140,000 surgeries delayed over Covid; All hospitals to help catch up
The Dutch medical system will have to catch up on a backlog of some 140,000 surgeries during this year. This will require non-Covid patients to be spread throughout the country, Minister for Medical Care Tamara van Ark told the newspaper AD.
In a letter Van Ark sent to Tweede Kamer, she stated the hospitals are now starting to work on a plan how this can be successfully implemented. She explained this was possible due to a sharp decline in coronavirus cases in recent days, which also made space for more relaxations to take place earlier than planned initially.
According to Van Ark, patients who had their surgeries delayed and were put on a waiting list will soon be given the chance to go to another hospital after consultation with their doctor.
“The patient will have to know in time where he or she stands. When will the treatment be performed by your own doctor, and if it takes too long: can the procedure be performed more quickly in a hospital or private clinic elsewhere? '' said Van Ark.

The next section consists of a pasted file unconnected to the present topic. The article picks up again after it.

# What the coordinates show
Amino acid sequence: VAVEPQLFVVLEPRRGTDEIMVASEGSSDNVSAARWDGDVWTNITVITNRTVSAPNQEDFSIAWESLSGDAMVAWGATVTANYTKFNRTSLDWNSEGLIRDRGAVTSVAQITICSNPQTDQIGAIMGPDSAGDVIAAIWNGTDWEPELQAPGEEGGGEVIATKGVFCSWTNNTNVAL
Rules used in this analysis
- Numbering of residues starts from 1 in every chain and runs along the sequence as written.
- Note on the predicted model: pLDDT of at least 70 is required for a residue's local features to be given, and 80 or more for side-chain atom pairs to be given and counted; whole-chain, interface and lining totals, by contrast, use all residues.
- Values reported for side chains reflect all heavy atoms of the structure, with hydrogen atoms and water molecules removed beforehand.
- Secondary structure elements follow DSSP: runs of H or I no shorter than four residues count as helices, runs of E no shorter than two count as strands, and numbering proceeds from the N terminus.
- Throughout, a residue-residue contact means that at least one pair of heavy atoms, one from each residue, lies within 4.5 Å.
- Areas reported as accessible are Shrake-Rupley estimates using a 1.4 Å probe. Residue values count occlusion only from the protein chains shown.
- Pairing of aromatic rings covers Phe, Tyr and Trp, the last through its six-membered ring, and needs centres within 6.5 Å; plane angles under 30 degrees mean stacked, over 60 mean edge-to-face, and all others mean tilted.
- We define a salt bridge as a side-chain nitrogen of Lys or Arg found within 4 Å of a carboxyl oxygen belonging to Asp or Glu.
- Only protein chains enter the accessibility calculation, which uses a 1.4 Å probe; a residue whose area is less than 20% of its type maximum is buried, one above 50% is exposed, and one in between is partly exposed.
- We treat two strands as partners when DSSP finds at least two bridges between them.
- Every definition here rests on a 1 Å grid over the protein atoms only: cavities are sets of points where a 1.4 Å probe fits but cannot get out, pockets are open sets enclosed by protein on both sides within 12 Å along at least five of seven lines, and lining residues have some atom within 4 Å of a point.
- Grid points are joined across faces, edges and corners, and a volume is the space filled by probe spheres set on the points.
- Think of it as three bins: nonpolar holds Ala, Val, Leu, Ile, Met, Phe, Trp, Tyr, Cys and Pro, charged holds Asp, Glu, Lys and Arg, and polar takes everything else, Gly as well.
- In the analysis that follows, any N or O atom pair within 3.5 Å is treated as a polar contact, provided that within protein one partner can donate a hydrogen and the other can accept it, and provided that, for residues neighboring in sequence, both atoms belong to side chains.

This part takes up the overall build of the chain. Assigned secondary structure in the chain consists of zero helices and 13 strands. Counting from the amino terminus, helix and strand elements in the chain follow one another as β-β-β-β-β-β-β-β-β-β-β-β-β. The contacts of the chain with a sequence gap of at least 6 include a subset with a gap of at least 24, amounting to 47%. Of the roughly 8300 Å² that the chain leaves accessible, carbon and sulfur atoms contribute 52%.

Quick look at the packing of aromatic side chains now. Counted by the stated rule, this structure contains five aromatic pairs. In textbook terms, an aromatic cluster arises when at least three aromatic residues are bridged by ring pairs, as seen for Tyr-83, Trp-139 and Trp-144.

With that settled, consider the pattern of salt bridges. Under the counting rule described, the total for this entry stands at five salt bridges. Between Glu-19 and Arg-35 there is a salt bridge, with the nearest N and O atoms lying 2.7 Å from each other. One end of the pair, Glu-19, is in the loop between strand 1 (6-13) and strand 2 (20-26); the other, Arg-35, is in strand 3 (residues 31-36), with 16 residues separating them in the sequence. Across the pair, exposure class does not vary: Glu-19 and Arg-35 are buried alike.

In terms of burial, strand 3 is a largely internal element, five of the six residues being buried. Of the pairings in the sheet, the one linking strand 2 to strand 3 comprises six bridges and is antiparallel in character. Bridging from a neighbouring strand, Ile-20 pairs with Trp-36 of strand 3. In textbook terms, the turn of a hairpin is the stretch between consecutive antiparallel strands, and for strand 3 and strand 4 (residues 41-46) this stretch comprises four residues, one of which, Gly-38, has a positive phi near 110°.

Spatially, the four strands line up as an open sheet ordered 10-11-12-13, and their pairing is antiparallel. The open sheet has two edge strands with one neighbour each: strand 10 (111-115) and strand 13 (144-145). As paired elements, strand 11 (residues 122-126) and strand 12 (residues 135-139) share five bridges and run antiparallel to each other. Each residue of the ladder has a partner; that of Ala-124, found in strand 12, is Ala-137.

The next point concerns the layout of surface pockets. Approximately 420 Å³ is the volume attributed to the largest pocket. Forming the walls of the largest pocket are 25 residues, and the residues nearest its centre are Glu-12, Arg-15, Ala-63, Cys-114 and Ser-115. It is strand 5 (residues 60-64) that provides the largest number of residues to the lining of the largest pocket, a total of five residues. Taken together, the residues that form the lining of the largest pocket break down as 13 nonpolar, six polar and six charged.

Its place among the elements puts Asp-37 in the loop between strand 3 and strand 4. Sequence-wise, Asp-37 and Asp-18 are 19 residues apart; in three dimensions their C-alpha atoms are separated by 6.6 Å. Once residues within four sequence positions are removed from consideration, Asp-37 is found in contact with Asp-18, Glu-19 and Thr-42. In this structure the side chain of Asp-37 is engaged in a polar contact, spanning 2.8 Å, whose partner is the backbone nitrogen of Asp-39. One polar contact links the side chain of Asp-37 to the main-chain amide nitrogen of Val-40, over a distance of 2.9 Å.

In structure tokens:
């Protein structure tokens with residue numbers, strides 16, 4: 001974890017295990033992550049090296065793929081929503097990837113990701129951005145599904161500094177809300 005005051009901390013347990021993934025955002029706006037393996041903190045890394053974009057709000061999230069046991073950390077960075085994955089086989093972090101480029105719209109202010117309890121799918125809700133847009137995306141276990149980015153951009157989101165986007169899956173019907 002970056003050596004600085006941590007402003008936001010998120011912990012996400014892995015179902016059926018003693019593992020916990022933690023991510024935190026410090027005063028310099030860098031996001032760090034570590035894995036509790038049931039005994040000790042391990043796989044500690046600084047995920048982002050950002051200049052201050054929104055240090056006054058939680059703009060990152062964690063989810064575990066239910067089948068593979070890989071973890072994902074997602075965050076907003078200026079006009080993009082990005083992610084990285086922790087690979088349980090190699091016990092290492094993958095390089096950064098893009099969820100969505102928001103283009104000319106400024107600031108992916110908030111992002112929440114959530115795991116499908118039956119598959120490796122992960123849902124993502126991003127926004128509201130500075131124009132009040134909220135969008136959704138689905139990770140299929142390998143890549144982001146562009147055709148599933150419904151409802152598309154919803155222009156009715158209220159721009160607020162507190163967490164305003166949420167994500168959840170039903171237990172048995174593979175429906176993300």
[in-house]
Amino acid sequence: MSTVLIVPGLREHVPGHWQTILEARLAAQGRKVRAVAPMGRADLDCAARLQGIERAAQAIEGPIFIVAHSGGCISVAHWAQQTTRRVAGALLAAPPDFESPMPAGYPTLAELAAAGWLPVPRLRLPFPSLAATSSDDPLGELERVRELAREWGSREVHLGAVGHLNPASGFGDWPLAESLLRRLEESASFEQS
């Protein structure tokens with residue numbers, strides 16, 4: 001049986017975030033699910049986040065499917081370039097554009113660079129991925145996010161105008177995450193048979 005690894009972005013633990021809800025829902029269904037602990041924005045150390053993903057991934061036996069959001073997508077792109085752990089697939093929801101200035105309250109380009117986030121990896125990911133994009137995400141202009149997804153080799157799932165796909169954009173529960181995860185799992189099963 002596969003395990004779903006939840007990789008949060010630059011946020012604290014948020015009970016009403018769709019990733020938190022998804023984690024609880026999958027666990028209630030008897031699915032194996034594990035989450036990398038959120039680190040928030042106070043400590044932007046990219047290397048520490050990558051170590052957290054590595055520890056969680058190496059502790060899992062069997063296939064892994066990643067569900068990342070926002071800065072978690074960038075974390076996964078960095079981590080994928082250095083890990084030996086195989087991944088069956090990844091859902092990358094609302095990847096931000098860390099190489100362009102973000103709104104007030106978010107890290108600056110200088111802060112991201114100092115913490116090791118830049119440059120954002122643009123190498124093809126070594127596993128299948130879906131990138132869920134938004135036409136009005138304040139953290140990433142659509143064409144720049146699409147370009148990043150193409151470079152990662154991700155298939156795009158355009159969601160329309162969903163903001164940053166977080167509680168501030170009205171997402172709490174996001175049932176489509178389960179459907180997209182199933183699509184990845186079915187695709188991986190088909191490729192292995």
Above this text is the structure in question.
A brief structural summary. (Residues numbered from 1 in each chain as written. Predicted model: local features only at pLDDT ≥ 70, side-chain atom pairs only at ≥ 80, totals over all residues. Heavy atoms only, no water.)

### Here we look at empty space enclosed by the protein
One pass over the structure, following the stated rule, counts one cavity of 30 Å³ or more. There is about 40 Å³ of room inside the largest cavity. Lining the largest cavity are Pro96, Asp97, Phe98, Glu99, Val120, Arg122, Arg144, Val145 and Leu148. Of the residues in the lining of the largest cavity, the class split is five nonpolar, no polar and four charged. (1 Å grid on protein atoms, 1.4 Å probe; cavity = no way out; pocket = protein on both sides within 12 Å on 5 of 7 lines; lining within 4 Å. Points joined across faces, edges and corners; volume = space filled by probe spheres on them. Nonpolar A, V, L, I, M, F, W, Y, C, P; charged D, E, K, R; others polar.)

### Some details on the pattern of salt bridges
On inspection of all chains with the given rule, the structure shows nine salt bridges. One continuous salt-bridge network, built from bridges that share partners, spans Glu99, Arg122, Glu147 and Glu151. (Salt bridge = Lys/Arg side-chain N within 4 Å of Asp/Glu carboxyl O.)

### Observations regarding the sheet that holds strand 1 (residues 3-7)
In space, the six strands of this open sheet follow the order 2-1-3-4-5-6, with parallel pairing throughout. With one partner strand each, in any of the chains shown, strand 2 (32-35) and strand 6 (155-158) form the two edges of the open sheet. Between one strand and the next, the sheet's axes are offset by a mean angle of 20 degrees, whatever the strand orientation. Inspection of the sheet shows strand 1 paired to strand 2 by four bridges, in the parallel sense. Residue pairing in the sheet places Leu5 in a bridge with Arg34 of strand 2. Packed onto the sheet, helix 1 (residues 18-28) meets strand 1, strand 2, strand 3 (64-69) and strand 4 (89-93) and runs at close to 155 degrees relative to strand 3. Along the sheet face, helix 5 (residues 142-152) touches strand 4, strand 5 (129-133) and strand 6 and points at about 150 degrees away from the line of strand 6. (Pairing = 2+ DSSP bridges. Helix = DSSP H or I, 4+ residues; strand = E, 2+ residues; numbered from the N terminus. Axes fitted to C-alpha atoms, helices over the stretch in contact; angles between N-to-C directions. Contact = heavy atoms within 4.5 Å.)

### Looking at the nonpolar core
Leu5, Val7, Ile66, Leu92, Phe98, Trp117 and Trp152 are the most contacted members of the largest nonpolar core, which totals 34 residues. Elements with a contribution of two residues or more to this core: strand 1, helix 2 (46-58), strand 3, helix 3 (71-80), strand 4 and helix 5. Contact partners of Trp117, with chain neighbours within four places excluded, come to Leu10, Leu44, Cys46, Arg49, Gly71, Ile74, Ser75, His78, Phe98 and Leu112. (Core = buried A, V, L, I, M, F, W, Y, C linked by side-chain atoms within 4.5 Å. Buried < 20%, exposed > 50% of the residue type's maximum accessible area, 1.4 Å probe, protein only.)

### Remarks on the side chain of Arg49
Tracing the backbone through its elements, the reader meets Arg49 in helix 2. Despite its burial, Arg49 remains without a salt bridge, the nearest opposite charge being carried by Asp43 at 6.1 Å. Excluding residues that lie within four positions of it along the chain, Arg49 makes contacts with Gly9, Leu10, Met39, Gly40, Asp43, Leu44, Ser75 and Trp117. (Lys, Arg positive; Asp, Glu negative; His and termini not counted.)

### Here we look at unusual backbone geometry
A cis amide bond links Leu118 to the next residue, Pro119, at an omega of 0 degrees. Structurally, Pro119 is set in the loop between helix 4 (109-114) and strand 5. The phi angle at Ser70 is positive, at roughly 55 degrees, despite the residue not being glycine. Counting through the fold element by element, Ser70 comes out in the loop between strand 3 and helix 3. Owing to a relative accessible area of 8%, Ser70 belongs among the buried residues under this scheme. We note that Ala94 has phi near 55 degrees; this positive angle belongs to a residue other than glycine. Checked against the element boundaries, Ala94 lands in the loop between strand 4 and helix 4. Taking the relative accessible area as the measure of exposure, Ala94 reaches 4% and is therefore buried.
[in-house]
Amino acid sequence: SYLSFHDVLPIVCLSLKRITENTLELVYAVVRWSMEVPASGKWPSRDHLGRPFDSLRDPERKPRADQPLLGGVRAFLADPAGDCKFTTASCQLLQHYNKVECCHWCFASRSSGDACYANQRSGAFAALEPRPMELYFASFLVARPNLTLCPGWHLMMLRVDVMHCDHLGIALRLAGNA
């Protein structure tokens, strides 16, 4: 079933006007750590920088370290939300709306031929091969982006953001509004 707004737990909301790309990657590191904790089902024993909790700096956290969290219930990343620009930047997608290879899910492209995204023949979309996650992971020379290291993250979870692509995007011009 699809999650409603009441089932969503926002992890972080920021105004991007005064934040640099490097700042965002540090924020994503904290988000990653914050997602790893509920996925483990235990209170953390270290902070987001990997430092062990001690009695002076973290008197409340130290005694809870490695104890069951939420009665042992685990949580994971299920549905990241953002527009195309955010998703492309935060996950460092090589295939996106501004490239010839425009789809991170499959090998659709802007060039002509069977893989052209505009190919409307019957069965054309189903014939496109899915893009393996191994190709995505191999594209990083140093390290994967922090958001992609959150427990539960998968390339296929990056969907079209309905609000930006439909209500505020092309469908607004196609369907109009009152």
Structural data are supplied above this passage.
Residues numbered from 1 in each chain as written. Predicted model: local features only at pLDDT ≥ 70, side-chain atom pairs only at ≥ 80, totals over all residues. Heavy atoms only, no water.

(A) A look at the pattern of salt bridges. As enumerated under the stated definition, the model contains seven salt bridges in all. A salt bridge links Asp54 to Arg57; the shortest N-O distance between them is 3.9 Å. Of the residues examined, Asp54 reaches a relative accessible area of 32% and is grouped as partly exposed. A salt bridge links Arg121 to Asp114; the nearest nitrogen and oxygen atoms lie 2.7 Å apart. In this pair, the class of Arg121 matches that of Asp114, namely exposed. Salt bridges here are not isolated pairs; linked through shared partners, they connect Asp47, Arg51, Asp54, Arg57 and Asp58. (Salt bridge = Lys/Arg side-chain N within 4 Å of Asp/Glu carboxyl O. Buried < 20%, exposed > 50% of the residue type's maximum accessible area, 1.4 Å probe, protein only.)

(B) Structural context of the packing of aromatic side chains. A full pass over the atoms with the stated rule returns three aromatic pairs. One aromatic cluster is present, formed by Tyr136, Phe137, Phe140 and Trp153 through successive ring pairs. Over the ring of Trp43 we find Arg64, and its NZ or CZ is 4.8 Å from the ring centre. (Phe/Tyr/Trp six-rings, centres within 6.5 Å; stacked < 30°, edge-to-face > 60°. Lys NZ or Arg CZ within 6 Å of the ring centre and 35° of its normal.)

Delayed chemo treatments and kidney transplants will be given priority in the process. Other, less acute, plannable care such as cataract surgeries, gallbladder removal or hip replacement procedures will be made up for as much as possible this year, if necessary with a run-out to early 2022.
To relieve the pressure on hospitals, general practitioners, private clinics and rehabilitation centers will also be called in to carry out the project, and digital consultations will remain possible. Currently, more than a third of the operating theaters are closed due to the strained hospital capacities amid the coronavirus crisis.
"If you have to wait a long time for a hip, or for sterilization or cataract surgery, that can be very unpleasant, and cause a lot of discomfort," said Van Ark.
Last year, the LCPS was established to coordinate moving patients with the coronavirus disease from busier facilities to emptier locations in other regions.
Van Ark said the hospitals will now be finalizing the plan on how patients will be divided in the coming weeks.